Next on the list is Wunderlich, which is a much bigger park with longer hike options, but still nicely graded trails so it’s pretty much the easiest 10 mile hike with 2000 ft of elevation change you’ll find anywhere. Or so it was. Apparently after last winter’s crazy rain, there was a landslide that cut off one of the usual trails. The current work-around is a (thankfully brief) steep slog that cuts off one of the switchbacks. Which wasn’t exactly what I signed up for today, but it was fine. I disliked going back down it more than up.

So, that tells me I am ready for my third level hike- Purisima Creek. I will check the trail conditions before I go. Live and learn.


Around the Corner

Somehow during all of my many walks at Seal Point Park, I never found this little salt marsh flat viewing platform slightly to the south of where I usually walk. At a certain point the bay trail splits and the left portion has a sign for “bikes” so I always chose the right portion instead, figuring it lessens my chance of getting run into by a biker. However by doing this, I missed that there was another path off the left of that that takes you to a viewing platform (where, coincidentally no bikes are allowed.)

I’m going to have to go out there at sunrise one of these days.

Still on the black and white kick, by the way.


Black and White Hiking Photos

I felt that some of my most recent hiking photos were just begging to be edited in black and white. The hazy morning light and long dramatic shadows really work well without color.

And just to photography nerd-out for a second, I’ve been using spot metering a lot for my photos lately because I love the high contrast I can get that way. It’s the secret to taking photos of nicely exposed flowers with a dark background, and apparently works well for hiking photos too. Black and white highlights the contrast.


Steep Ravine, Stinson Beach

Something a little different today, some photos edited in black and white. I took these yesterday, a perfectly clear day with harsh sun and dark shadows. Looking through the pictures, I thought it would be interesting to edit them in black and white to highlight the high contrast nature of the lighting situation and the interesting shapes and spaces it creates.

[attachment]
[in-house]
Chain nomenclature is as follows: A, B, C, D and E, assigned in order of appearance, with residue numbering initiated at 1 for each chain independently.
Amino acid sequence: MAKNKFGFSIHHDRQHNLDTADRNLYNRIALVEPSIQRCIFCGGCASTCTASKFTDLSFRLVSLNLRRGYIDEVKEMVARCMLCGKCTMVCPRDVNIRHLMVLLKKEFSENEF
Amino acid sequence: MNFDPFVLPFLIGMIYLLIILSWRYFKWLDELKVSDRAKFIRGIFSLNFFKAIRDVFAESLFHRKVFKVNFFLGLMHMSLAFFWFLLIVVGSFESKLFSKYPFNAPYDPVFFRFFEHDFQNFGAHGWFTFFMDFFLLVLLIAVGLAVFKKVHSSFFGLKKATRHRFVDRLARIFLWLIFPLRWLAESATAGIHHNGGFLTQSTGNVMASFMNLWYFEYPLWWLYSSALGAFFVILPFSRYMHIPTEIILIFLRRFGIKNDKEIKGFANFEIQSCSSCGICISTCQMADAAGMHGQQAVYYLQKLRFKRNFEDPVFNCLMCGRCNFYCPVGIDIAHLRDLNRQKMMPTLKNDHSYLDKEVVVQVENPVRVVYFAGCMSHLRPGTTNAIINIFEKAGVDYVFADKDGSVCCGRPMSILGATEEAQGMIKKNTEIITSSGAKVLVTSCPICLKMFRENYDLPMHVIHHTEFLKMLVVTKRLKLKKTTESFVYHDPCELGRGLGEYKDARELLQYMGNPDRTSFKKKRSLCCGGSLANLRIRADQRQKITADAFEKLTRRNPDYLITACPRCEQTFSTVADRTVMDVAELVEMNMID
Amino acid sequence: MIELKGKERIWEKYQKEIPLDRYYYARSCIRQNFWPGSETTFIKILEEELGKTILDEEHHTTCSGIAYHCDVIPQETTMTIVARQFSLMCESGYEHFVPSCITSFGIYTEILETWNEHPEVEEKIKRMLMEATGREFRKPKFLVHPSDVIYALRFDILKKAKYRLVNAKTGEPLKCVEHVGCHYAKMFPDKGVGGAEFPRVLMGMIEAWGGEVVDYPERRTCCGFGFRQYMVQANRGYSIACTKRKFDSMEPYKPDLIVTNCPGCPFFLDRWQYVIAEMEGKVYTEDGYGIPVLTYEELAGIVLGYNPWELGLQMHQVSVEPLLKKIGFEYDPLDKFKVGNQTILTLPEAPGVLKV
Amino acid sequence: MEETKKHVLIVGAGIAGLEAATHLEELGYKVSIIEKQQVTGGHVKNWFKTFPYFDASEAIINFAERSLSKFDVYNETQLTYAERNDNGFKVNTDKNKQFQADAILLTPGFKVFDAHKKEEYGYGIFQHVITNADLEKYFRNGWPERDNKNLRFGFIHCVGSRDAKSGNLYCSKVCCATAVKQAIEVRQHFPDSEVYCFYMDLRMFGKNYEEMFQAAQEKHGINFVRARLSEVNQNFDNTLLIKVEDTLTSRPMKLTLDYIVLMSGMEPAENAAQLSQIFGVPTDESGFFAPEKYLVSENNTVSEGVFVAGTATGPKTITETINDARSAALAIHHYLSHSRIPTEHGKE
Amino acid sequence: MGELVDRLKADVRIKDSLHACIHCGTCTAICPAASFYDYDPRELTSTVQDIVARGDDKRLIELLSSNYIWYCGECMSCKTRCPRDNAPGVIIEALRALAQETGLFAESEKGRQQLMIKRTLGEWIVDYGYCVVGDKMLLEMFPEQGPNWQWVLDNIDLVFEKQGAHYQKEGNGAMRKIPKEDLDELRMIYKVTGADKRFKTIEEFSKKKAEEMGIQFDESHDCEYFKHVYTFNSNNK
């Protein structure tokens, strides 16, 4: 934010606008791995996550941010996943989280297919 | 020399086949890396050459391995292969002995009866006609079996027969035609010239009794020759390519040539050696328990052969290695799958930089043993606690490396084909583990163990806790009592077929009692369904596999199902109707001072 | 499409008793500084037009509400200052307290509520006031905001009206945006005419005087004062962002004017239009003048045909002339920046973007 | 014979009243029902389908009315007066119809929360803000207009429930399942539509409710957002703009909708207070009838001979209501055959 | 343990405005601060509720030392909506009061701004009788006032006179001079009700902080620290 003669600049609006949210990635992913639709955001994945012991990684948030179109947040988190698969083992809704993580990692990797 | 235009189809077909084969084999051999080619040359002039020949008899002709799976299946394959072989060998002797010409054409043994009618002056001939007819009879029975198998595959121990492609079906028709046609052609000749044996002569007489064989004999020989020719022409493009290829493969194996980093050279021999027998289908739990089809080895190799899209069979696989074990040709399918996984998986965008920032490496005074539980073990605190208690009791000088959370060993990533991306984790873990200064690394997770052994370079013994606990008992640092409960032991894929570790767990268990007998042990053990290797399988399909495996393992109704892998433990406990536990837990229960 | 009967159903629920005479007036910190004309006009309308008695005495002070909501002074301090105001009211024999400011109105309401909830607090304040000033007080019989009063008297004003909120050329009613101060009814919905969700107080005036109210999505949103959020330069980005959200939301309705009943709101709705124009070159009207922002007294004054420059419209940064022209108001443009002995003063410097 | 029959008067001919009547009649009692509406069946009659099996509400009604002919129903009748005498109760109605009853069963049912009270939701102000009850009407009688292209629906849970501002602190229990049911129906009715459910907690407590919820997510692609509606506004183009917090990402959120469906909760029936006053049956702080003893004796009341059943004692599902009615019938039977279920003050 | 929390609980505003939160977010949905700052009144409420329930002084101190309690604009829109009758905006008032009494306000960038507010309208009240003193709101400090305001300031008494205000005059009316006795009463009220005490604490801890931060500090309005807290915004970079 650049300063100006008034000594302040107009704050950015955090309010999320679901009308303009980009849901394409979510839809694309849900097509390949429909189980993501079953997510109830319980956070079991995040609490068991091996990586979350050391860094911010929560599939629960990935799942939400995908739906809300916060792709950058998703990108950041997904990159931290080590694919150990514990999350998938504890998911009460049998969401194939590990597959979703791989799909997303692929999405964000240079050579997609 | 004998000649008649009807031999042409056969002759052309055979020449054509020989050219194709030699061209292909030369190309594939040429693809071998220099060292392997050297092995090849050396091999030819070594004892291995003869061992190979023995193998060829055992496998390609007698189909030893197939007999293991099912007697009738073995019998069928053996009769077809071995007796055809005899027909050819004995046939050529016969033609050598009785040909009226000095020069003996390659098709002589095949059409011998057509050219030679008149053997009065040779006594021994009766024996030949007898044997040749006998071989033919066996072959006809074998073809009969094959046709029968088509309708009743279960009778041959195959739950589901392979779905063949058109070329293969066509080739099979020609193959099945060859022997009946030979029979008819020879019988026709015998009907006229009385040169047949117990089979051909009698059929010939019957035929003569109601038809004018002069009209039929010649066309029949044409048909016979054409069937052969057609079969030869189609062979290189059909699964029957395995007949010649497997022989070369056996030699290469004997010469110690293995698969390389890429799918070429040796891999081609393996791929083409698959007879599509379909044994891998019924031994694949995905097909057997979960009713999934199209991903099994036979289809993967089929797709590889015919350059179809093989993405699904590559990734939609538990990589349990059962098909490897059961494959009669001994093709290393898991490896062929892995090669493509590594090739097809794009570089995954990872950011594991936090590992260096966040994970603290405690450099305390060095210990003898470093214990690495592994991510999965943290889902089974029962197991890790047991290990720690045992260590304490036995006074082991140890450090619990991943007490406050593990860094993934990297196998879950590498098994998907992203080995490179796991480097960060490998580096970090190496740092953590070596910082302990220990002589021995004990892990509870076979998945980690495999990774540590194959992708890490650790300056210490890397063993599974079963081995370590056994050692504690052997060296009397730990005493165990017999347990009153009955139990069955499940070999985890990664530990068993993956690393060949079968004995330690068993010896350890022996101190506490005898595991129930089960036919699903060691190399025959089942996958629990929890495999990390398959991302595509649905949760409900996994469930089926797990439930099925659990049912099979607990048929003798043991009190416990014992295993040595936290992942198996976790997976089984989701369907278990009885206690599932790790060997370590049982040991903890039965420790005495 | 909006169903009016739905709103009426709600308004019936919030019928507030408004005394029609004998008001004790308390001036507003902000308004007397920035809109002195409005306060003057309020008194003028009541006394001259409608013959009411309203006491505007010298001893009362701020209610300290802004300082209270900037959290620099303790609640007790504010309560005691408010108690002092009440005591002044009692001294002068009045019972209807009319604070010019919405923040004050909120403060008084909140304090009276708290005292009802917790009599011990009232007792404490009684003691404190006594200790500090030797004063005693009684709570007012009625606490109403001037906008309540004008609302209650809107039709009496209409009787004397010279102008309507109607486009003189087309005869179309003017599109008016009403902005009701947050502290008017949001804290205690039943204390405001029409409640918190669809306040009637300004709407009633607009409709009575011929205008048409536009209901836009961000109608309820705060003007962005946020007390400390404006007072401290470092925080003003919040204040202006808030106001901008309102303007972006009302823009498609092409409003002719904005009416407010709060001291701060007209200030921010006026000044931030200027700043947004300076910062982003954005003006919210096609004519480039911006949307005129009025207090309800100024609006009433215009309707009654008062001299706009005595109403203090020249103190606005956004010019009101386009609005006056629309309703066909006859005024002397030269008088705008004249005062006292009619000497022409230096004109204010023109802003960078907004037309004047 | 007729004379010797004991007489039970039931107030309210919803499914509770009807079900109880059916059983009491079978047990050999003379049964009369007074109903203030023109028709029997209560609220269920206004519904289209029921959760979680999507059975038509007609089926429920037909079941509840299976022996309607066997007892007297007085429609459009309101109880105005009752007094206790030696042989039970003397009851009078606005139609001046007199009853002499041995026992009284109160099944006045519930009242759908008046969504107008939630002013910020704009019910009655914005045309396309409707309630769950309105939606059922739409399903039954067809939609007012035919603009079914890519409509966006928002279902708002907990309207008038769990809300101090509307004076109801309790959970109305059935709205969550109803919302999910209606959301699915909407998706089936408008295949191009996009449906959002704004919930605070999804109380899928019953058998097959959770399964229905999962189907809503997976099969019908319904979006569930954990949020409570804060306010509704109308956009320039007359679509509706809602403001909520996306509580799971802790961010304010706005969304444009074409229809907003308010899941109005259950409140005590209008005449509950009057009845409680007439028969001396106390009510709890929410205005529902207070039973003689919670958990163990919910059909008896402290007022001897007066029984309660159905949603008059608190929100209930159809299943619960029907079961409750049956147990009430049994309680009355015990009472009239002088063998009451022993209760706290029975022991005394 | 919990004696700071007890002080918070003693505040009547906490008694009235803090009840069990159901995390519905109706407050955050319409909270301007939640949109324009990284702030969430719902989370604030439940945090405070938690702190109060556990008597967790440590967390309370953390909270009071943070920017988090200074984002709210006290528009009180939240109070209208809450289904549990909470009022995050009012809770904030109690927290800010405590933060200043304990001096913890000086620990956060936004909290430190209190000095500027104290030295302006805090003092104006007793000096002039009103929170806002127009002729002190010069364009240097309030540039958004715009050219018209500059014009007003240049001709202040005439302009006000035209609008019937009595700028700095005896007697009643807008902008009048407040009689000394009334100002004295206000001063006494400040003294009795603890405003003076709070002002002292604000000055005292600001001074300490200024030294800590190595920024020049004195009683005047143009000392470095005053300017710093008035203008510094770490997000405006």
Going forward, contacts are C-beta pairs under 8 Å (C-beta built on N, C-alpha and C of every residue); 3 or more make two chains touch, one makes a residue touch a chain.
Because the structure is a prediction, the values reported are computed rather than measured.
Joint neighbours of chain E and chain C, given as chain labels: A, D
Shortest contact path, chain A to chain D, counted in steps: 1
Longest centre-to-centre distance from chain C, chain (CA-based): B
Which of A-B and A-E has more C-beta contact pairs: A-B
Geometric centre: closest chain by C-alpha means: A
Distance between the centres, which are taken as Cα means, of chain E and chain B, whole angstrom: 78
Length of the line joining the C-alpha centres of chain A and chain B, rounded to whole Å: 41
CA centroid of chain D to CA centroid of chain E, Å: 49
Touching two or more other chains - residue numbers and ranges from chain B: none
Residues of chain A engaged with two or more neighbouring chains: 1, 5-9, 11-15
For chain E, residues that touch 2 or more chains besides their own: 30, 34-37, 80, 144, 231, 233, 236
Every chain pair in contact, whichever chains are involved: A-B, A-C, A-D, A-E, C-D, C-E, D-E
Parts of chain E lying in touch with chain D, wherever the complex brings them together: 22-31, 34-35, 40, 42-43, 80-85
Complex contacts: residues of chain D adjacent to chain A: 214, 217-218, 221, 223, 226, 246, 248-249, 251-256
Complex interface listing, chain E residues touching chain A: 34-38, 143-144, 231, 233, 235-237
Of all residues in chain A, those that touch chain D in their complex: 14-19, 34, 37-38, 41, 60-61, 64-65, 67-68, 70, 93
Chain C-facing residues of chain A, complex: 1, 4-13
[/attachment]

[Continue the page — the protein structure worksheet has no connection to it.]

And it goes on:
As a digital artist and animator, I spend a lot of time staring into my computer screen at work. I’ve used Photoshop and for over a decade (as well as Illustrator, After Effects, 3D Studio Max, and a variety of other graphics programs). However, until now I have not done much in terms of editing photographs beyond the obvious color correction and cropping.

Golden Branch

This week I started taking photos in RAW and editing them in Camera Raw. Hey, why didn’t anyone ever tell me how powerful and exciting this is? In addition to making the usual corrections to my photos before posting them here, I played around with pushing some of my pictures beyond realism and pleasantly balanced contrast into the realm of abstract colors and obviously unnatural results. This post contains some of my more successful experiments.

San Francisco Across the Bay

It’s interesting to me how thinking of taking pictures as Photography has changed my feelings about it. I’m doing the same thing, pointing my camera at a composed subject and capturing it, but I’m thinking about it in a different way. I am using that part of my brain I usually only use when painting or drawing. Suddenly it feels like an artistic endeavor, not just capturing pretty stuff I see. There is a subtle difference to this process that intrigues me.

San Mateo Bridge Sunset

I can’t quite find the words to explain what I’m trying to describe here. But when I go on my photo walks now, it feels different. The photography is the point, the walk is just what I have to do to get to the things I want to shoot. Whereas in the past, the walking was the point, and if I saw something, I would stop and take a picture. Similarly, editing photos with an eye toward creating something new and artistic, rather than simply improving photos technically, feels new and exciting.

SanFran Reflected Sunrise